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How to Use Copyright Music on Instagram

How to Use Copyright Music on Instagram

If you’ve ever wanted to use copyright music on Instagram, you’ve likely struggled to find the real facts. Some places suggest freedom with credit, while other information says otherwise. That’s made even more complicated by changing rules and Instagram features over the years.

Today, we’re giving you ALL the rules and requirements to use copyright music on Instagram. We’ll also break it down by feature, so you can find all the details you need to create Instagram videos with music!

The contents of this post do not constitute legal advice and are subject to change. Always pay attention to Instagram’s direct insight and any in-app suggestions or restrictions. The nature of copyright music is ever-evolving, and the best advice is only to use music you have the rights or correct license for.

When artists make music, they (and their labels) want to make money from their work. The law also agrees that the creator should be paid. Most platforms, including Instagram, have strict rules against using copyrighted material that you do not have the right to use. In some cases, platforms make deals with rights holders to pay them a flat rate, allowing copyrighted content to exist on their platform.

Instagram has made several deals with the music industry to allow some use of copyright music on the platform. While the specifics of those deals are confidential, there are some guidelines to follow in an announcement by Instagram from May 20, 2020.

  1. Music recorded from live performances is permitted. If you attend a concert and share Stories, Reels, or Instagram Live videos of the gig, you should be okay. 'Music in Stories' is permitted wholly.
  2. Using too many full-length recorded tracks may limit your ability to broadcast live. If you’re streaming on Instagram Live and playing track after track, you might find your broadcast terminated.
  3. In general, video clips containing music should be short. While there is no clear answer on what 'short' means, aim for short-form content when in doubt.
  4. You should always have a video component when using copyright music on Instagram. Just playing songs with no visual element isn't permitted.
  5. Music may not be allowed in some countries. While music is available for Instagram in 90 countries, some places do not currently hold the rights, and might render these guidelines irrelevant in your area.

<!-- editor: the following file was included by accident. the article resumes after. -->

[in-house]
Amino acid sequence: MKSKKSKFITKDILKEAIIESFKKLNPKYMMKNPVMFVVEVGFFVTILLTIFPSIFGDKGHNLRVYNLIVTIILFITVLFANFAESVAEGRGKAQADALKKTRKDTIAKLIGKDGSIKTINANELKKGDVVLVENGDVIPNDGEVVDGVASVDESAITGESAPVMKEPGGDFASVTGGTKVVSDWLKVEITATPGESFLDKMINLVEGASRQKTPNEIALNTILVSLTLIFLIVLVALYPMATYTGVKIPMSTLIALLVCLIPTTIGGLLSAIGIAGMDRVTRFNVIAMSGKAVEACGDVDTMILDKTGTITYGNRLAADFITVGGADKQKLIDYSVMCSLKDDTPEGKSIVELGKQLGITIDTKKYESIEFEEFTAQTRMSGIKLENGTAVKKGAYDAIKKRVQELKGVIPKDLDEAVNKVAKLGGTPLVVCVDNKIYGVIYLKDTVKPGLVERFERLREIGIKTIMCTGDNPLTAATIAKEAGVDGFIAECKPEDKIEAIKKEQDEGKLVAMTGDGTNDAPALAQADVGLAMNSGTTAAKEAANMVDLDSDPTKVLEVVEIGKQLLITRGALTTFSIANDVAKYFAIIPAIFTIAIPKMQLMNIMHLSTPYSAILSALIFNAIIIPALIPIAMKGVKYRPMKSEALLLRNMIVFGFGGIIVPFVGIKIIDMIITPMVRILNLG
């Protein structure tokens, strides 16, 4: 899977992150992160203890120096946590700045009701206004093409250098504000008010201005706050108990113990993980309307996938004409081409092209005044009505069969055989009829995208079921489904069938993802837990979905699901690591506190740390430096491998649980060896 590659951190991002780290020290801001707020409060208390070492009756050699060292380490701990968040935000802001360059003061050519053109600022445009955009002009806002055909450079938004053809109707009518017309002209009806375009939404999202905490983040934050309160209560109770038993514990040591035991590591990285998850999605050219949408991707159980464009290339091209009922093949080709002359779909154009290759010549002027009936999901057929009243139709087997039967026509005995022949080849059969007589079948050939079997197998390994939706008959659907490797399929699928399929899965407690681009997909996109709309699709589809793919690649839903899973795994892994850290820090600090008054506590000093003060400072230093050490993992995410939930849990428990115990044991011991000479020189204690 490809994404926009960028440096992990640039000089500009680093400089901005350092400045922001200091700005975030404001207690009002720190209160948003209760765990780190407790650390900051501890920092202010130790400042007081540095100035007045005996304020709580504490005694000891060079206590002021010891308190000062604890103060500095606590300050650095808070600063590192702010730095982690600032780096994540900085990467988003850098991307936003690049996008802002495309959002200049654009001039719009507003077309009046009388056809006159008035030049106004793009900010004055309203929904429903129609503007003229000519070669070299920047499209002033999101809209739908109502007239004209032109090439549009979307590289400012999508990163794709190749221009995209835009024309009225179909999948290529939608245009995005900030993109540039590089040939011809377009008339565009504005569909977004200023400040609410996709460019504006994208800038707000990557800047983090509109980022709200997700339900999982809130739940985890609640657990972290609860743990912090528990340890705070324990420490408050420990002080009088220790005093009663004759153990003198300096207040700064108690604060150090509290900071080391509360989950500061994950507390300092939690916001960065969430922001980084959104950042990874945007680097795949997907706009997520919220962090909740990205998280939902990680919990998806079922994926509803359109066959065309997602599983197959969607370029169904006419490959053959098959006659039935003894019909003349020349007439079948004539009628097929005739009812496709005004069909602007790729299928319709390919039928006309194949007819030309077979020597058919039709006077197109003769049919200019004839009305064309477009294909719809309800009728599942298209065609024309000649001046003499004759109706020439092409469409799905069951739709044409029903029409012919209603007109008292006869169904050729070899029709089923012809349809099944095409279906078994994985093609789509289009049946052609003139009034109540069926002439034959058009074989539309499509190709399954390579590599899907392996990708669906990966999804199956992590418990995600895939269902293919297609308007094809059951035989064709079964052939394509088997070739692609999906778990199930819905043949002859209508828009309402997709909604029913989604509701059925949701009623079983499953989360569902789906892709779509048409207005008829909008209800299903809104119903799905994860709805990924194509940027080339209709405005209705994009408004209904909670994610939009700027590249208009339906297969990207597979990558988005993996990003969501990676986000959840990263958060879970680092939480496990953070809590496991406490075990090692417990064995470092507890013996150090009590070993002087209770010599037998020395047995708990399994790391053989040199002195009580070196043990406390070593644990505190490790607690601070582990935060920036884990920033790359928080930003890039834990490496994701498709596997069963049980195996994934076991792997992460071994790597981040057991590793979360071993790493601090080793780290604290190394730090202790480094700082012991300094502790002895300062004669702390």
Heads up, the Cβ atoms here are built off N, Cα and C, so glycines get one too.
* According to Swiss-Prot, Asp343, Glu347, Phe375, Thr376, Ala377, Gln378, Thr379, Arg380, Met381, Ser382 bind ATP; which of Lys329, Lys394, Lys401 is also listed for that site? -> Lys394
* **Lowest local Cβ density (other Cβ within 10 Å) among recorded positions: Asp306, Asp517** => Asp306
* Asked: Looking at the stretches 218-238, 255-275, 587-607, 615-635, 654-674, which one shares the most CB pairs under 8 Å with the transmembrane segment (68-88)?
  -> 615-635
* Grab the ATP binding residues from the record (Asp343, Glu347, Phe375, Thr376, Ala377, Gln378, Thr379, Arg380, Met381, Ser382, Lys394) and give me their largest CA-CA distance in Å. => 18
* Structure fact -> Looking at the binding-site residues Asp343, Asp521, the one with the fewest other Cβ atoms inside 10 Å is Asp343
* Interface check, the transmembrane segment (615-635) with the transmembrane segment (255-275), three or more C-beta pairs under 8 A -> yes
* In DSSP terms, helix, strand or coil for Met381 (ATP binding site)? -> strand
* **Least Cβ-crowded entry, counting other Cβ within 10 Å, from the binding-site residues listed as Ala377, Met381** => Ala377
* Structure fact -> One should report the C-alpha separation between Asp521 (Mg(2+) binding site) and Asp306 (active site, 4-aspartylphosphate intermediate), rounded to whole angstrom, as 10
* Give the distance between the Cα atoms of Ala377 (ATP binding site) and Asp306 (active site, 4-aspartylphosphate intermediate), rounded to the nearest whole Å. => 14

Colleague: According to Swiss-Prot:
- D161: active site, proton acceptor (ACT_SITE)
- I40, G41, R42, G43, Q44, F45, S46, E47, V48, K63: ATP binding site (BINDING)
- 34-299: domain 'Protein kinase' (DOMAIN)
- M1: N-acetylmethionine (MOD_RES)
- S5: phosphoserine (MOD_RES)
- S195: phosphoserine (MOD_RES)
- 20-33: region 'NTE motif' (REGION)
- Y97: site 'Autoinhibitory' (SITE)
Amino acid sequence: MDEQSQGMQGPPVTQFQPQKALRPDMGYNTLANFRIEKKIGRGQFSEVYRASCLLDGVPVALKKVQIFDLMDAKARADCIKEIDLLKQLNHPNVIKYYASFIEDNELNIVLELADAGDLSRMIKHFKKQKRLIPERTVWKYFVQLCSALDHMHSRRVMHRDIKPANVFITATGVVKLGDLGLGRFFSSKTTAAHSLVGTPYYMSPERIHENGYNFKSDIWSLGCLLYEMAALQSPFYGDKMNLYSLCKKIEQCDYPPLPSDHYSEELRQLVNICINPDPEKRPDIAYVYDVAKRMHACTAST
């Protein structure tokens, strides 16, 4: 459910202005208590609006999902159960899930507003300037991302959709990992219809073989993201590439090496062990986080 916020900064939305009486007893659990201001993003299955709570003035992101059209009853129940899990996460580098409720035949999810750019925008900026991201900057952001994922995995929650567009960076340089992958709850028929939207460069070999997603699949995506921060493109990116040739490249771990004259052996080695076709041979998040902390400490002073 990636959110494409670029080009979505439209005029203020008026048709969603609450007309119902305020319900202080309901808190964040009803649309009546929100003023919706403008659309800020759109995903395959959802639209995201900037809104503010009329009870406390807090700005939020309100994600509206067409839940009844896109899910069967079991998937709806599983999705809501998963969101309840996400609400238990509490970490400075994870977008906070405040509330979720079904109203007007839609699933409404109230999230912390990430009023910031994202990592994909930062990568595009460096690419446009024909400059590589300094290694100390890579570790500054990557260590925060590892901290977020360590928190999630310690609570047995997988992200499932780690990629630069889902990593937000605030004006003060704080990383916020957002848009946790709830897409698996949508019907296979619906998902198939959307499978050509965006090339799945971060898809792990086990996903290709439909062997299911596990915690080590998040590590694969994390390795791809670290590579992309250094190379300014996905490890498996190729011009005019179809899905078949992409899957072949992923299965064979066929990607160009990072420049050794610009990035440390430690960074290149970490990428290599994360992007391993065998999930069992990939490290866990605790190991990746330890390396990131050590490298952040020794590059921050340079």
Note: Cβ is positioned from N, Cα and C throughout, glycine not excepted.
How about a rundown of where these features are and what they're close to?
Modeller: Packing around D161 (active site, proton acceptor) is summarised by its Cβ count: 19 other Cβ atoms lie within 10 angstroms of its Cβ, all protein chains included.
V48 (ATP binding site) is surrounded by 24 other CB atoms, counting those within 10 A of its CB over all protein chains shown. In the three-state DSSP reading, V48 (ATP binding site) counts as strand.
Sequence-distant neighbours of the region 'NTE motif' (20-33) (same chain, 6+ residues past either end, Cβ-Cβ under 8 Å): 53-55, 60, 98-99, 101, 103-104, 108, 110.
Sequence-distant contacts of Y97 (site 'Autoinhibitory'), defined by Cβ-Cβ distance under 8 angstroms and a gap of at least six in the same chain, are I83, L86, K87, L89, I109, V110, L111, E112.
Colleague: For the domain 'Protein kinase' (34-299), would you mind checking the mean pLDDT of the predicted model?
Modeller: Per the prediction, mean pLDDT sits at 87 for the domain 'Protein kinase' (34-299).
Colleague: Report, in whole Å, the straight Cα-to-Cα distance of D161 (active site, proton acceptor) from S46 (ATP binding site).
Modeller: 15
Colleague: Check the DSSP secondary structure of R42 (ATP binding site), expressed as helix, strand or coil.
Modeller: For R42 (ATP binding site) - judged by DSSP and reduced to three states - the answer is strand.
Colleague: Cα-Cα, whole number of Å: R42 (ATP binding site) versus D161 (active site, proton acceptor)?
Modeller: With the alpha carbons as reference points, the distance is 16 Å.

Instagram does have its own catalog of copyright music. It’s by no means the biggest, most comprehensive collection in the world, but you can find certain songs on the platform when posting Reels and Stories. All you need to do is hit the music icon while editing your post, then type what you’re looking for into the search bar. Doing this means a music sticker will be added to your post, clearly showing and linking viewers to the track and artist.

Yes, you can use music in Instagram Stories. Stories allow you to use both recorded and live music performances – the only exception is countries where music usage is currently limited. Your content should include a visual component, and you can use Instagram’s music catalog.
Yep, you can use music on Reels. Revealed in August 2020, Reels has a built-in music catalog and is the preferred platform for music use – it’s a pretty perfect medium for video and music. Reels are short-form pieces of content, which line up with Instagram's agreements made with rights holders. Using music on Instagram Reels also requires a visual component.

Can you play music on Instagram Live?

You can conditionally use copyright music on Instagram Live video. Live performances of artists are permitted, so they're your safest bet. Streaming full-length recorded tracks may result in your stream being limited or even terminated; the more full-length tracks you play, the likelier your chance of being restricted. As always, you should have a strong visual component when using copyright music on Instagram Live streams.

Can I get banned for playing music on Instagram Live?

While Instagram Live videos are only available at the time of broadcast, it doesn’t mean you can use copyright music without consequence. If you don’t have the correct license to use the track, you could end up in trouble.

If you fall on the wrong side of copyright law during an Instagram Live stream, you’ll receive an automated pop-up message. This basically serves as a warning, giving you the chance to stop playing the music or change it to something you’re cleared to use.

This process is automated, so mistakes can be made. If you don’t comply with the message, though, your Instagram Live video can be muted or even stopped.

‘You can just use a few seconds of music on Instagram – it’s fine.’ That’s a line you've surely heard before; unfortunately, it’s an urban myth. Unless you have full permission to use the music, you can never be truly safe. Sure, you can use 10, 20 or 30 seconds of a track and it might be OK.